To the Editor:
Meister et al. (1) compared epidural analgesia with 0.125% ropivacaine/fentanyl versus 0.125% bupivacaine/fentanyl during obstetric labor. The local anesthetics used were of equal concentration but were not equianalgesic. Minimum local analgesic concentration studies have demonstrated that ropivacaine has only 0.6 the potency of bupivacaine (2,3), and therefore, equiconcentration but not equipotent drugs have been used. The concentrations used, 0.125% local anesthetic, are both above their calculated 95% effective doses, and therefore, both would be expected to provide effective analgesia, as demonstrated in the study.
That significantly less motor block was seen in the ropivacaine/fentanyl group is not surprising in view the lower potency of ropivacaine. The authors state that ropivacaine cannot be less potent than bupivacaine as less supplemental analgesia was needed in the ropivacaine group. This simply reflects the longer half-life of ropivacaine compared with bupivacaine, a result of its S-enantiomer form and its greater vasoconstrictor action. The conclusion that the drugs appear to be equipotent at clinically used concentrations only reflects the higher than 95% effective dose concentrations being used.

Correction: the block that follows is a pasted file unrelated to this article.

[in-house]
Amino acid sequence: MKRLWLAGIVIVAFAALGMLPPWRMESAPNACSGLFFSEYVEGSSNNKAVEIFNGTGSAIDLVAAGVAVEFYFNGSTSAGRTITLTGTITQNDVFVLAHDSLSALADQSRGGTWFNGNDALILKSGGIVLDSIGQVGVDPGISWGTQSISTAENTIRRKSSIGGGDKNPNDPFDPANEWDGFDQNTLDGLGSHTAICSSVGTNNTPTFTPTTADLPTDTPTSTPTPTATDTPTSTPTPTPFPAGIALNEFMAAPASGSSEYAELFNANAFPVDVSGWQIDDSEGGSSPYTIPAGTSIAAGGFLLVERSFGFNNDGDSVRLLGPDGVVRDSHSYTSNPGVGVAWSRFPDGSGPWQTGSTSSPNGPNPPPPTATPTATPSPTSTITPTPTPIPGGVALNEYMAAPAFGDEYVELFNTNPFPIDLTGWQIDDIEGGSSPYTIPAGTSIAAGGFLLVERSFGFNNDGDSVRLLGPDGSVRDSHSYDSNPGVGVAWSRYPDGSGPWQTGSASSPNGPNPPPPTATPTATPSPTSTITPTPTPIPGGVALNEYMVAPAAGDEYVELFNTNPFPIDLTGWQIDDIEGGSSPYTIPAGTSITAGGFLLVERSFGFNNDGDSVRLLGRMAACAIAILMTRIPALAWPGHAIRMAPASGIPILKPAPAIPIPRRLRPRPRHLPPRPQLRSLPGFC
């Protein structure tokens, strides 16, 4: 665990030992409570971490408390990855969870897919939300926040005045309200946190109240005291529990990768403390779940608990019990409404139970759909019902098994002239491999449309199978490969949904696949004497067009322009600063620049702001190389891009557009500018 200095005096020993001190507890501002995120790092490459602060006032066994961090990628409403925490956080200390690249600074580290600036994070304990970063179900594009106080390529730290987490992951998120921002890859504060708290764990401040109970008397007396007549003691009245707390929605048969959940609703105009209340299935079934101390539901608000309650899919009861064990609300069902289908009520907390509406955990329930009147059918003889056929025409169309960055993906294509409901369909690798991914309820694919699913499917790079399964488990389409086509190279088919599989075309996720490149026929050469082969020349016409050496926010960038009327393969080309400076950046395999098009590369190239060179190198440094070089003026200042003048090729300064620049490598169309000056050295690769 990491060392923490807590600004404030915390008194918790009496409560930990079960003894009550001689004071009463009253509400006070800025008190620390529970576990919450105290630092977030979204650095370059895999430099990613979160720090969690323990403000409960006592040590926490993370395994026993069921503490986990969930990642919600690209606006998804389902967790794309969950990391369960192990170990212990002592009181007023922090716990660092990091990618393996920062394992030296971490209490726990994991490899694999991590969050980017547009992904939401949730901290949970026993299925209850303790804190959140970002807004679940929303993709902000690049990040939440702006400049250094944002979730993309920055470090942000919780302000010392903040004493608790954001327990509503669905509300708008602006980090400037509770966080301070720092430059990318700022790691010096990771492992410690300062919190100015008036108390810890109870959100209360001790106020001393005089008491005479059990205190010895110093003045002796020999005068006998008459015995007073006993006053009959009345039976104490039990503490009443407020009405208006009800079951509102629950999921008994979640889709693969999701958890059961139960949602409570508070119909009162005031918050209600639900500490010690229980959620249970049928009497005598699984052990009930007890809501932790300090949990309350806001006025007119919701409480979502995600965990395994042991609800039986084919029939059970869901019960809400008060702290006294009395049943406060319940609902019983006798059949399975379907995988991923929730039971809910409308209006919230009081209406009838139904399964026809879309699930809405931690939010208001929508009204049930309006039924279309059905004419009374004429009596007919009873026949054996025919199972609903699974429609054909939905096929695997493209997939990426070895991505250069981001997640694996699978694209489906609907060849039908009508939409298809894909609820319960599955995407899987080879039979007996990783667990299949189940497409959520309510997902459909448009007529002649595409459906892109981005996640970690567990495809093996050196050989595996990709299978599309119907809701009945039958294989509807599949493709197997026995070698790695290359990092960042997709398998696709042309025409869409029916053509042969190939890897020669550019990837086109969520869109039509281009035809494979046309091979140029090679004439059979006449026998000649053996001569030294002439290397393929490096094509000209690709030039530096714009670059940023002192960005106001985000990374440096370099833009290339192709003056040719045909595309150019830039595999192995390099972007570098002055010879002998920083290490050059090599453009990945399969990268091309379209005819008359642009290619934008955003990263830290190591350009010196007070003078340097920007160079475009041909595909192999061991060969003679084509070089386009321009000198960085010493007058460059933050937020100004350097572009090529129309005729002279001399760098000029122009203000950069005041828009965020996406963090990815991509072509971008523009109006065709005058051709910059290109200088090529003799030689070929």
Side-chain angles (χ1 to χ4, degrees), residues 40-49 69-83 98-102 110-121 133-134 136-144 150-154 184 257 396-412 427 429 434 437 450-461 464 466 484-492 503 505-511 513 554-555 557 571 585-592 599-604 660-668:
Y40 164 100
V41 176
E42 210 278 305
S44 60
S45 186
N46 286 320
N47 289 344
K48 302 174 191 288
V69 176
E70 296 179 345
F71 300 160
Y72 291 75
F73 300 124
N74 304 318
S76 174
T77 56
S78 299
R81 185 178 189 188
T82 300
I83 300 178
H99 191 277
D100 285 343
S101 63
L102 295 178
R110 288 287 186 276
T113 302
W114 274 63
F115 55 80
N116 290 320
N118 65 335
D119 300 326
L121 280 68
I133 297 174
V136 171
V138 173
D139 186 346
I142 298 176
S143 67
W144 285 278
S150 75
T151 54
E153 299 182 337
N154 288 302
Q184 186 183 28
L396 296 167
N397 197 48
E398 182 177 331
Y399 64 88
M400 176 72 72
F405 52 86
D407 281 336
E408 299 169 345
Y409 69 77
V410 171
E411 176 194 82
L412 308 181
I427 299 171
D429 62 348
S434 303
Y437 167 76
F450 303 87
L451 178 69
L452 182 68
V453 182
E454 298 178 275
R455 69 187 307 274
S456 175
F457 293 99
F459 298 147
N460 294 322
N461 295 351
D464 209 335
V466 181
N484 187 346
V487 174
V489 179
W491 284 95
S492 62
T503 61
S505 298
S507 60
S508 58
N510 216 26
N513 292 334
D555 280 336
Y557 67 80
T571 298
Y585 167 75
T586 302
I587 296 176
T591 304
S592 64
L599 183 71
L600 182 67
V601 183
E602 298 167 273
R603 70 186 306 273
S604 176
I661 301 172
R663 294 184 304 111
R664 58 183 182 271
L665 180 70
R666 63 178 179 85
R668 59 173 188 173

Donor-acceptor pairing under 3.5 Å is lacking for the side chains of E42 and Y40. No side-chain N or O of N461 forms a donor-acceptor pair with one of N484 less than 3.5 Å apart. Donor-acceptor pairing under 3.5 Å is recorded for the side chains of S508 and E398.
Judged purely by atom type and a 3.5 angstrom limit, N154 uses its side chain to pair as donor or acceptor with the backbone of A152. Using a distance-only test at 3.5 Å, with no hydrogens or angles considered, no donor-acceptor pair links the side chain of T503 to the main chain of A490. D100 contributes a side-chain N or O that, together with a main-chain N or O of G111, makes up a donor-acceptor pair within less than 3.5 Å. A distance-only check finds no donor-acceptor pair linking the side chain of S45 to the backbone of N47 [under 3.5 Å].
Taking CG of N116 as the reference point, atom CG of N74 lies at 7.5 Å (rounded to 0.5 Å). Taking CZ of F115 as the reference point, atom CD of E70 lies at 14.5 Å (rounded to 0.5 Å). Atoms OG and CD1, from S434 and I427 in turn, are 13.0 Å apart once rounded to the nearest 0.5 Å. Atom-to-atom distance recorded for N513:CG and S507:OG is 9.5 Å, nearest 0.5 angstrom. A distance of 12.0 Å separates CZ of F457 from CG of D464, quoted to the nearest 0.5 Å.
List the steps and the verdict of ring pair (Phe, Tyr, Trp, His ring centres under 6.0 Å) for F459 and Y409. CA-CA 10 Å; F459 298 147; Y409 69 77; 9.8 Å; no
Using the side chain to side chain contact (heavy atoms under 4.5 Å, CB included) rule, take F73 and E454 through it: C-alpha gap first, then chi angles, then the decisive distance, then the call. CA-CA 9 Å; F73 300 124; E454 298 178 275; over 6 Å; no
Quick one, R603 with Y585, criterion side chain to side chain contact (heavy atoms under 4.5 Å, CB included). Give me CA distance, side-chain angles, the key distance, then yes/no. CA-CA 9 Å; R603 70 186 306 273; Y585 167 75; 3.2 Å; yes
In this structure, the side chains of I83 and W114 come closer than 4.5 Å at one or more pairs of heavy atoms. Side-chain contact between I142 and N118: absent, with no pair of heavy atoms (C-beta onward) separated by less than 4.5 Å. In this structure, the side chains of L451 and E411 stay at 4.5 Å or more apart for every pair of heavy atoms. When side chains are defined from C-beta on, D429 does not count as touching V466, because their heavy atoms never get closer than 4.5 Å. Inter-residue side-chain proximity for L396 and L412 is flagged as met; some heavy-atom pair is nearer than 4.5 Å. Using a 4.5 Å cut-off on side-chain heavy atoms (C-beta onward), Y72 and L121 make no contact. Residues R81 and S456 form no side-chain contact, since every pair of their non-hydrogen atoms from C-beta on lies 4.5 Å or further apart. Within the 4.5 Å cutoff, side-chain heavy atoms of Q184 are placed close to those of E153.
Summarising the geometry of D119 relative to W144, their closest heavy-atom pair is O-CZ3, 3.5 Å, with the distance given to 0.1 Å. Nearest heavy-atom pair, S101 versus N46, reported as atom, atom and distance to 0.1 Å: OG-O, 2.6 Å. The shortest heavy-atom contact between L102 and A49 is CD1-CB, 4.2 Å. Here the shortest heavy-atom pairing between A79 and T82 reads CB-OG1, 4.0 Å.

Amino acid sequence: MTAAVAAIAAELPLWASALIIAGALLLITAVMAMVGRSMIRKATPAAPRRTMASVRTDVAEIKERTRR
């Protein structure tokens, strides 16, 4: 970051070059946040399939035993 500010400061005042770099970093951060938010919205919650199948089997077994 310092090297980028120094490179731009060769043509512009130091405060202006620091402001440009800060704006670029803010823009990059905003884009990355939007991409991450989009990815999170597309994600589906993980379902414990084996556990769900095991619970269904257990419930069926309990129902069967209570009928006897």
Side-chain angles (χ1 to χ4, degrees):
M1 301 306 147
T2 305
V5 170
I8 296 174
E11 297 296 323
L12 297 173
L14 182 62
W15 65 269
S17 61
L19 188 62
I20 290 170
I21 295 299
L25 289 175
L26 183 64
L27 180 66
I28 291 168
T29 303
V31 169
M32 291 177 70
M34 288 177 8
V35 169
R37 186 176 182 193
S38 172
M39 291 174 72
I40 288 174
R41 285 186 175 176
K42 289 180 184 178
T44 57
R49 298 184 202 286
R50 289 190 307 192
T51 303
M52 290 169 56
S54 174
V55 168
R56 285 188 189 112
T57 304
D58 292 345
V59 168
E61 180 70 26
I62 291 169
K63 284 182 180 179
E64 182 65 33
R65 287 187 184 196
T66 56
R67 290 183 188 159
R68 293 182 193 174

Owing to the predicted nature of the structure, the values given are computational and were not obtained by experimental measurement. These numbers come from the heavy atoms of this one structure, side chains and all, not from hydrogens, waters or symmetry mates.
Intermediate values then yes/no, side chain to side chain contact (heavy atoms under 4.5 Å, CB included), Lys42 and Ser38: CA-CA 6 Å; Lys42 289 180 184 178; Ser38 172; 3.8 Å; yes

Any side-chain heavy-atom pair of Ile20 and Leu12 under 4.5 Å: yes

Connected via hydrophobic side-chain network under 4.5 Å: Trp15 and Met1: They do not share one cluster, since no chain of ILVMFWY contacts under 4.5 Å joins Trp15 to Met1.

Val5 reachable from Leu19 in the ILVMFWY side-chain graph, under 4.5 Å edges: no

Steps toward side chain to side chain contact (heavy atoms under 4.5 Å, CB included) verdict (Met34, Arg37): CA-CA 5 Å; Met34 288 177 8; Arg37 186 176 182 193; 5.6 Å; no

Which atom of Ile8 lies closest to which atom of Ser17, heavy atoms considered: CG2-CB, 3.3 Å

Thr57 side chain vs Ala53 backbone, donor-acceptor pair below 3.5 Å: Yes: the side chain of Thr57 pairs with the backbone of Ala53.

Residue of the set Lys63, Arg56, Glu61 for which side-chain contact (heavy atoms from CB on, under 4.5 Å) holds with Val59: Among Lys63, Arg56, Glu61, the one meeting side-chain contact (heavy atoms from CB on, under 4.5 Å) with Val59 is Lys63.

Amanda J. Pinder BSc, MBChB, FRCA
Martin Dresner MBBS, FRCA
1. Meister GC, D’Angelo R, Owen M, et al. A comparison of epidural analgesia with 0.125% ropivacaine with fentanyl versus 0.125% bupivacaine with fentanyl during labor. Anesth Analg 2000; 90: 632–7.
2. Polley LS, Columb MO, Naughton NN, et al. Relative analgesic potencies of ropivacaine and bupivacaine for epidural analgesia in labor: implications for therapeutic indexes. Anesthesiology 1999; 90: 944–50.
3. Capogna G, Celleno D, Fusco P, et al. Relative potencies of bupivacaine and ropivacaine for analgesia in labour. Br J Anaesth 1999; 82: 371–3.